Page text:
Wisdom and understanding are traits much needed by every Christian. These are observable character traits – shown by one’s good and meek conduct (v. 13). Wisdom is the skillful use of knowledge; it is excellence in the application of knowledge. Understanding is akin to this, as it is the evaluation, comprehension, perception, or discernment that gives knowledge its skill and usability. Understanding evaluates and wisdom actuates knowledge. We must avoid the false wisdom that is generated by selfish conceit. Measuring itself against others and elevating itself over others, earthly wisdom works on the basis of self-interest instead of truth (v. 14, 16). Its selfish, sensual instinct of survival leads to bitterness, envy, confusion, and evil. It is fleshly, faithless, futile, and demonic. We remember those became fools while professing to be wise. They plunged into the darkness of sin’s depravity and death by refusing to recognize, honor, and thank God (Rom. 1:20-23). The fear of the Lord is the beginning of wisdom (Prov. 9:10). To leave God and His truth out of your life is exceedingly foolish.
14 But the natural man does not receive the things of the Spirit of God, for they are foolishness to him; nor can he know them, because they are spiritually discerned. 15 But he who is spiritual judges all things, yet he himself is rightly judged by no one. 16 For “who has known the mind of the Lord that he may instruct Him?” But we have the mind of Christ. (1 Corinthians 2:14–16, NKJV)
The “natural” man is not guided by divine revelation (v. 14). He “does not receive the things of the Spirit of God” – the gospel – that was revealed to Christ’s apostles and spoken by them through inspiration (1 Cor. 2:10-13). Reminiscent of Proverbs 14:12 (“there is a way that seems right to a man…”), he lives according to human reasoning (“the wisdom of this age,” 1 Cor. 2:6) instead of divine truth. His carnal way of thinking prevents the spiritual discernment he needs to receive truth (1 Cor. 3:1-3). To him, “the message of the cross is foolishness,” and he perishes in his sins (1 Cor. 1:18). By contrast, the “spiritual” person “judges (evaluates) all things” in the light of God’s revelation (v. 15). This person refuses to tell God what His will is (or should be, v. 16; Rom. 11:34). The spiritual person trusts and obeys the gospel – the revealed mind of Christ. Those who rely on themselves attempt to instruct God, but the spiritual receive His instruction. Let us be the spiritual person who receives the things revealed by the Spirit of God.
19 Then, the same day at evening, being the first day of the week, when the doors were shut where the disciples were assembled, for fear of the Jews, Jesus came and stood in the midst, and said to them, “Peace be with you.” 20 When He had said this, He showed them His hands and His side. Then the disciples were glad when they saw the Lord. (John 20:19–20, NKJV)
May disciples of Jesus Christ protect themselves from outside harm when they assemble together? The doors where these disciples assembled were “shut” – closed, secured, made inaccessible – “for fear of the Jews.” This word is used of prison doors (Acts 5:23), of the temple doors (Acts 21:30), and of the door shut by “He who has the keys of David” that no one opens (Rev. 3:7). The appearance of Jesus brought them peace and gladness. Yet, when they assembled eight days later, the doors were again “shut” when Jesus appeared to them. The fact that Christ is with His people when they worship does not prevent a church from securing its safety when it assembles for worship. The prayers made for Peter by many disciples at the house of Mary were offered behind a closed gate that had to be opened from the inside (Acts 12:12-16). Their careful security was not due to a lack of faith, it was a prudent course of action given the present danger of persecution (Acts 12:1-5). Certainly, churches may secure their safety when they assemble to worship God. The principle to “be wise as serpents and harmless as doves” surely finds application here.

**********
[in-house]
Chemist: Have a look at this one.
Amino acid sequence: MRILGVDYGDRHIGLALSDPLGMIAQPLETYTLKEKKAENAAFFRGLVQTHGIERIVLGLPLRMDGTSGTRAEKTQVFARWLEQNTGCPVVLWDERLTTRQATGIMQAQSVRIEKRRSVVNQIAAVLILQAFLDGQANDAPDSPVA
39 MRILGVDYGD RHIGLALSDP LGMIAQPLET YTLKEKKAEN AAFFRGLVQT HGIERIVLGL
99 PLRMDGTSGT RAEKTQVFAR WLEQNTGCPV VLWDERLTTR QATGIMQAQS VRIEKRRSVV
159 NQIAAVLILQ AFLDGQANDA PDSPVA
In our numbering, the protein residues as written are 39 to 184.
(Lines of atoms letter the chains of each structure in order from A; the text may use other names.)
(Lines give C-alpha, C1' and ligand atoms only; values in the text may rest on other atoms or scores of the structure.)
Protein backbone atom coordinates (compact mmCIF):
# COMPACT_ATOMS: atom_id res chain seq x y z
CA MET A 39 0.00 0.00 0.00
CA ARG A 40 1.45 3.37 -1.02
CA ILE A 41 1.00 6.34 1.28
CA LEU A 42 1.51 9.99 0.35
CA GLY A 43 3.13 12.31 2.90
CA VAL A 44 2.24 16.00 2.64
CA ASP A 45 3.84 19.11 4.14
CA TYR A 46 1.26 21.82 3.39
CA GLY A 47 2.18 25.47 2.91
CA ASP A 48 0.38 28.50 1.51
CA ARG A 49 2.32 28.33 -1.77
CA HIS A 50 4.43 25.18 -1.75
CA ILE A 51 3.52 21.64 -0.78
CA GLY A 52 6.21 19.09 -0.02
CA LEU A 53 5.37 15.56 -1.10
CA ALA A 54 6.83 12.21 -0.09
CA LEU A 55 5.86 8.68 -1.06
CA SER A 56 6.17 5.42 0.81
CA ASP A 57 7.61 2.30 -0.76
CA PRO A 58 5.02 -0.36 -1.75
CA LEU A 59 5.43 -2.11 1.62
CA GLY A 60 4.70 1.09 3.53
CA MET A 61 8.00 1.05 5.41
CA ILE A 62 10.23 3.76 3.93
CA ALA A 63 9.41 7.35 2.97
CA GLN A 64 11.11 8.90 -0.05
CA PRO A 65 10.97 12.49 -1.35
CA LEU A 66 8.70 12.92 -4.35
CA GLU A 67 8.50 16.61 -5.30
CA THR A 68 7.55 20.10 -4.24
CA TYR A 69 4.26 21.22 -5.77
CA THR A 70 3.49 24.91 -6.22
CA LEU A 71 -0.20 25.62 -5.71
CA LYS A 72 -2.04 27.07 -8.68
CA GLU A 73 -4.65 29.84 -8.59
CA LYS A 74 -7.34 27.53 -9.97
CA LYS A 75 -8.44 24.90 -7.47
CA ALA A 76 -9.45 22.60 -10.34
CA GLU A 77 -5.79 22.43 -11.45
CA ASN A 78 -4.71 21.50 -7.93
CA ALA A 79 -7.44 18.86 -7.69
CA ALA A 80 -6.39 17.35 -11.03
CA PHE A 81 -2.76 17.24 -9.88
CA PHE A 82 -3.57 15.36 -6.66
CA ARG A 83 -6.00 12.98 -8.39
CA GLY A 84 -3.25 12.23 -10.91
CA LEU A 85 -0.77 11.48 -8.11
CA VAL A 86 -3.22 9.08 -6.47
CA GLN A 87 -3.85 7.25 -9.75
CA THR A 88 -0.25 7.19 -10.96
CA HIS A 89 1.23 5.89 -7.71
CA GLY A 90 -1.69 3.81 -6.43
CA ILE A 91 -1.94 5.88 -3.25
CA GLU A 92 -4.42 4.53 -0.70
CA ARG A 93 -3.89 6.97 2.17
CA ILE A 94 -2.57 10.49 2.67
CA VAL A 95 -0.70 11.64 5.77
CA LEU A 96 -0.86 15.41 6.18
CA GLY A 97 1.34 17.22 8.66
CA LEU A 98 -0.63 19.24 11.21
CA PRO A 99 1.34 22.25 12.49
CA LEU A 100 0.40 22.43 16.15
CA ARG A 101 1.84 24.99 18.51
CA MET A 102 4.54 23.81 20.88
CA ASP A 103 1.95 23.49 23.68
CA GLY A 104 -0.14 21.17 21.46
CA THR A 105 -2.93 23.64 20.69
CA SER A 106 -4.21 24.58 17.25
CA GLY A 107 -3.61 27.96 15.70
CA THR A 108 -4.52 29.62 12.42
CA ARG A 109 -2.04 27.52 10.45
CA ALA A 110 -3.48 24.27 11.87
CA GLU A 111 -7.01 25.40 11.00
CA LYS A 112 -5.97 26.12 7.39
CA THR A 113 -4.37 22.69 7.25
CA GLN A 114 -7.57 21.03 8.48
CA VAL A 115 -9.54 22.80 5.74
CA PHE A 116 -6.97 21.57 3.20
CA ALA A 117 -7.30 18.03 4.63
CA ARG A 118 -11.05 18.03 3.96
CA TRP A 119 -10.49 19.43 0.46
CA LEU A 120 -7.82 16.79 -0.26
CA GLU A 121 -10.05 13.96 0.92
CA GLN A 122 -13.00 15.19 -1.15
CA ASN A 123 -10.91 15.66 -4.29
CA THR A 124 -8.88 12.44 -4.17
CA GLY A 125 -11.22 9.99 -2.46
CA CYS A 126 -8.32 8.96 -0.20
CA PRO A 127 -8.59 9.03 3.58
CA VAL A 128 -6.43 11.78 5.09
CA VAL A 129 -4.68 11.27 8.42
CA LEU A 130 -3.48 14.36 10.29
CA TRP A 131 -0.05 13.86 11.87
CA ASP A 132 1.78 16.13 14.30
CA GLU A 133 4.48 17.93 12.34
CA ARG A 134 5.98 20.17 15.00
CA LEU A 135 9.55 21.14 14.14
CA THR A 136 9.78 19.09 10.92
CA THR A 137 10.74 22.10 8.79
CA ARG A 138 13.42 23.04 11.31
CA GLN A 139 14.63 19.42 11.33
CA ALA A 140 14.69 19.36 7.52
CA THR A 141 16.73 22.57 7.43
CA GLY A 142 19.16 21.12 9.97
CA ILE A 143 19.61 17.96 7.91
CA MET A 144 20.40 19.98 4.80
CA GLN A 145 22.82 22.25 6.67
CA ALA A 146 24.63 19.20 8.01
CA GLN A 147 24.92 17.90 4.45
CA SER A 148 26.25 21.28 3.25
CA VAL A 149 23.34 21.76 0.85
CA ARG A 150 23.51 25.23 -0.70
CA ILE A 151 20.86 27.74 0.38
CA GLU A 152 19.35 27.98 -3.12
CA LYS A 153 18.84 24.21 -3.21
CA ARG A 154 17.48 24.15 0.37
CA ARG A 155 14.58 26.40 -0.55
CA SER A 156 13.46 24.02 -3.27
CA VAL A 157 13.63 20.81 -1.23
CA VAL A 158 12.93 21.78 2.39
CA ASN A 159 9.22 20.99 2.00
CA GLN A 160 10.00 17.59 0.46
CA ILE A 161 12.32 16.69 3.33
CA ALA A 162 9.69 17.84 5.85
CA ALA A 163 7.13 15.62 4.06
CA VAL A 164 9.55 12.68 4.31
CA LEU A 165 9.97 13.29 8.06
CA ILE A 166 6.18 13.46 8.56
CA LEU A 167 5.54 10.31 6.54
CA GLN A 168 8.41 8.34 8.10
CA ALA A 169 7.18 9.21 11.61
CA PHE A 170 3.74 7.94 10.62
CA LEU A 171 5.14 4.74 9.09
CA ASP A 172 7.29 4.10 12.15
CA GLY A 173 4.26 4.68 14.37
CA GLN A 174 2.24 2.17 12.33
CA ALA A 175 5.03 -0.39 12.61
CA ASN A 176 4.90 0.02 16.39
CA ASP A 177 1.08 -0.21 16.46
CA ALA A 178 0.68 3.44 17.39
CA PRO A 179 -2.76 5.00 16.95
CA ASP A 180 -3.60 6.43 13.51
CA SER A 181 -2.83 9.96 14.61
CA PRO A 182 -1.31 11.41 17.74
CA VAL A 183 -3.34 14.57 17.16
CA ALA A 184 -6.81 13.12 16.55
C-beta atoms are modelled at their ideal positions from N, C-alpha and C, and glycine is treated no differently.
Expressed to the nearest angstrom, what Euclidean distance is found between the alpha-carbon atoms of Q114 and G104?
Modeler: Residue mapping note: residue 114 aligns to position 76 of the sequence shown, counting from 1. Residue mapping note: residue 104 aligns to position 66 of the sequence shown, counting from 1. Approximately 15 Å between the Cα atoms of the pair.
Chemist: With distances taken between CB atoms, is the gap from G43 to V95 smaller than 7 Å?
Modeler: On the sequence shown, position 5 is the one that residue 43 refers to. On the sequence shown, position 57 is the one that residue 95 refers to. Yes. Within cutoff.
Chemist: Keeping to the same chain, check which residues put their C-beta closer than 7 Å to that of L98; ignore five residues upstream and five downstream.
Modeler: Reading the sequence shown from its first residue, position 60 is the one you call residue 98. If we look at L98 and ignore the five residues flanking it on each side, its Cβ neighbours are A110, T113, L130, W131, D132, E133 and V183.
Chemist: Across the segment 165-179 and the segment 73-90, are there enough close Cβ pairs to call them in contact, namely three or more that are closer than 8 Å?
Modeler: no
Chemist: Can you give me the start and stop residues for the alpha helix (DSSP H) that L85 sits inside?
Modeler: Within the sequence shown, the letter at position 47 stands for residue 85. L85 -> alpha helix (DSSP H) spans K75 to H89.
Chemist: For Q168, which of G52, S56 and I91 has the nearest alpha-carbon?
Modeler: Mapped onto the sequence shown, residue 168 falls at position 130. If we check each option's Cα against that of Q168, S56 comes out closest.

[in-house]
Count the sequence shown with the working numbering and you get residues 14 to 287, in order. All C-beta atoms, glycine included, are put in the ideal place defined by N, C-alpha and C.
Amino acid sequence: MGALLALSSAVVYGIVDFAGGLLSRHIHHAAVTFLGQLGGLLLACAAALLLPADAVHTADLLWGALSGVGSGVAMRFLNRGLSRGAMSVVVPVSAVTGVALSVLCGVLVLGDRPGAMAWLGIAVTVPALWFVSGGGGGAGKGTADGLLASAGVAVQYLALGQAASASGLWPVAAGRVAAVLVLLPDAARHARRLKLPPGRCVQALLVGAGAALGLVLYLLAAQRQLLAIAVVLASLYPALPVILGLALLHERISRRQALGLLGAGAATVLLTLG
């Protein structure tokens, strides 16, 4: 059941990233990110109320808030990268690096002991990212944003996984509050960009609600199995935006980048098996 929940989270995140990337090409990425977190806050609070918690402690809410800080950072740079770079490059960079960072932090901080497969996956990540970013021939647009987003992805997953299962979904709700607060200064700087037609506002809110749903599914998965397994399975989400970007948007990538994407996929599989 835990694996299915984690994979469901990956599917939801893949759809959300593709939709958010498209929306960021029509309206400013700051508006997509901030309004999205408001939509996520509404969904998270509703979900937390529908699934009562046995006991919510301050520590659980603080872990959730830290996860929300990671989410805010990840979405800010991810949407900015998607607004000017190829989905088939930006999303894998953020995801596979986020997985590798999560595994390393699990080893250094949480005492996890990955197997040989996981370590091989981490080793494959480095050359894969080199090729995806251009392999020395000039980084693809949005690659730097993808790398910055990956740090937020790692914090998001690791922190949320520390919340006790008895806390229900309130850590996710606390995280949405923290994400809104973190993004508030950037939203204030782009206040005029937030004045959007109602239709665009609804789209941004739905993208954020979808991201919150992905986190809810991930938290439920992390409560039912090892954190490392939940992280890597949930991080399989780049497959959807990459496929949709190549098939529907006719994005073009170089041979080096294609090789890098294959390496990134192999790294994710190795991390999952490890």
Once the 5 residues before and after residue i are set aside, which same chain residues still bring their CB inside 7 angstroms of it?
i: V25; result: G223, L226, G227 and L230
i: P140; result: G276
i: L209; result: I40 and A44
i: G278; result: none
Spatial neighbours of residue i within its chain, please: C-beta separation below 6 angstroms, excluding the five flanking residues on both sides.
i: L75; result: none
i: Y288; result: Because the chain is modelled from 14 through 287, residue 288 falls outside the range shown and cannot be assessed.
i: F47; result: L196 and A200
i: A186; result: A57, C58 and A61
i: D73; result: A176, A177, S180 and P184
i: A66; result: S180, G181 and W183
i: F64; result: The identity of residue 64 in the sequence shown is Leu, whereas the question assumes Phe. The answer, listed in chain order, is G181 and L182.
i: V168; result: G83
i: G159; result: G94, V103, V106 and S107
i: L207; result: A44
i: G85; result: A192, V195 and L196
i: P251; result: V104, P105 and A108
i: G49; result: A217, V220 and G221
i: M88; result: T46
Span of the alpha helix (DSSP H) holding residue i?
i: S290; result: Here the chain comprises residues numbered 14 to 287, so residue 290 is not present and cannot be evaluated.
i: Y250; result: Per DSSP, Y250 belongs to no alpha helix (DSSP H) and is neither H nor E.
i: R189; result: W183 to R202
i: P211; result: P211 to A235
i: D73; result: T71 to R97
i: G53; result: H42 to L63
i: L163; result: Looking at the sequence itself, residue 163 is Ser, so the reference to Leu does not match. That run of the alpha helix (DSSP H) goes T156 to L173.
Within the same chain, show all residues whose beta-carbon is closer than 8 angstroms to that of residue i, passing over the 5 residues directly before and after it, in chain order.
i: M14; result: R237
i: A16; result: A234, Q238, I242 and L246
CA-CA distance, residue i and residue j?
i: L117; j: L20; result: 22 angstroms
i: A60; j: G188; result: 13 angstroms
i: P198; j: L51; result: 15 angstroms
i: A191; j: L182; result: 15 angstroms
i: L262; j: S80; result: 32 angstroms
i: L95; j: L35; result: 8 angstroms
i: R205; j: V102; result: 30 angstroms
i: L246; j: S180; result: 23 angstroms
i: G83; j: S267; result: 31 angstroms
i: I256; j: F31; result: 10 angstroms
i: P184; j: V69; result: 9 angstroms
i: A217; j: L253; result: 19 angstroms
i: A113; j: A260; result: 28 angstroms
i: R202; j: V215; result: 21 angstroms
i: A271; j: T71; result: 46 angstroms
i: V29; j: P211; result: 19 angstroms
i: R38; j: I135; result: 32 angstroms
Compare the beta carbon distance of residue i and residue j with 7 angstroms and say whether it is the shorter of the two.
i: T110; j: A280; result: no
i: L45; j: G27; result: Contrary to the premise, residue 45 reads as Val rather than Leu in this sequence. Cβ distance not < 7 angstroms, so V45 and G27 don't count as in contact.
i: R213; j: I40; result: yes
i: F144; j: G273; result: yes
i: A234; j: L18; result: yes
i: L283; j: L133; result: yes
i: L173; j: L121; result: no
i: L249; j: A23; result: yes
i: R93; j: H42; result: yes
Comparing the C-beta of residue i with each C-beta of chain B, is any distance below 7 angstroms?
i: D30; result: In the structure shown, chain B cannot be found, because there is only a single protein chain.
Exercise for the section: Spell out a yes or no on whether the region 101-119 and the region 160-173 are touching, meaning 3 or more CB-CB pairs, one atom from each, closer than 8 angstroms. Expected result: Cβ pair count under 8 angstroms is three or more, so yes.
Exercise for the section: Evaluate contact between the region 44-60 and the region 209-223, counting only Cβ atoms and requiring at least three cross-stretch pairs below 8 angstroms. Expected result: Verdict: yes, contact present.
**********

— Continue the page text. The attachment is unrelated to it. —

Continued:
5 “Get wisdom! Get understanding! Do not forget, nor turn away from the words of my mouth. 6 Do not forsake her, and she will preserve you; Love her, and she will keep you. 7 Wisdom is the principal thing; Therefore get wisdom. And in all your getting, get understanding.” (Proverbs 4:5–7, NKJV)
People everywhere are trying to get fortune, fame, and fun. But, when was the last time you heard someone say, “I want to get some wisdom!”? Unfortunately, wisdom is not like driving up to the gas station and topping off the tank. Wisdom is the careful understanding and application of truth. Solomon prayed for “an understanding heart” to judge Israel and to “discern between good and evil” (1 Kings 3:9). He asked God for a “hearing” heart, and God blessed him with “a wise and understanding heart” (1 Kings 3:12). So, how do we “get wisdom?” James said to “ask of God” for wisdom (James 1:5). Today’s passage adds that we must listen to and not turn away from the words of our heavenly Father by loving and keeping the wisdom that comes from God. God’s wisdom is revealed in the gospel of Christ (1 Cor. 1:23-25). Wisdom is developed by having a hearing heart that receives God’s words, loves them, and keeps them. Many people are striving to get many things – wealth, fame, power, a name for themselves, etc. – but, the principal thing to get is wisdom from above. That wisdom, when remembered and kept, will bring you blessings now and forever more (James 3:13-18).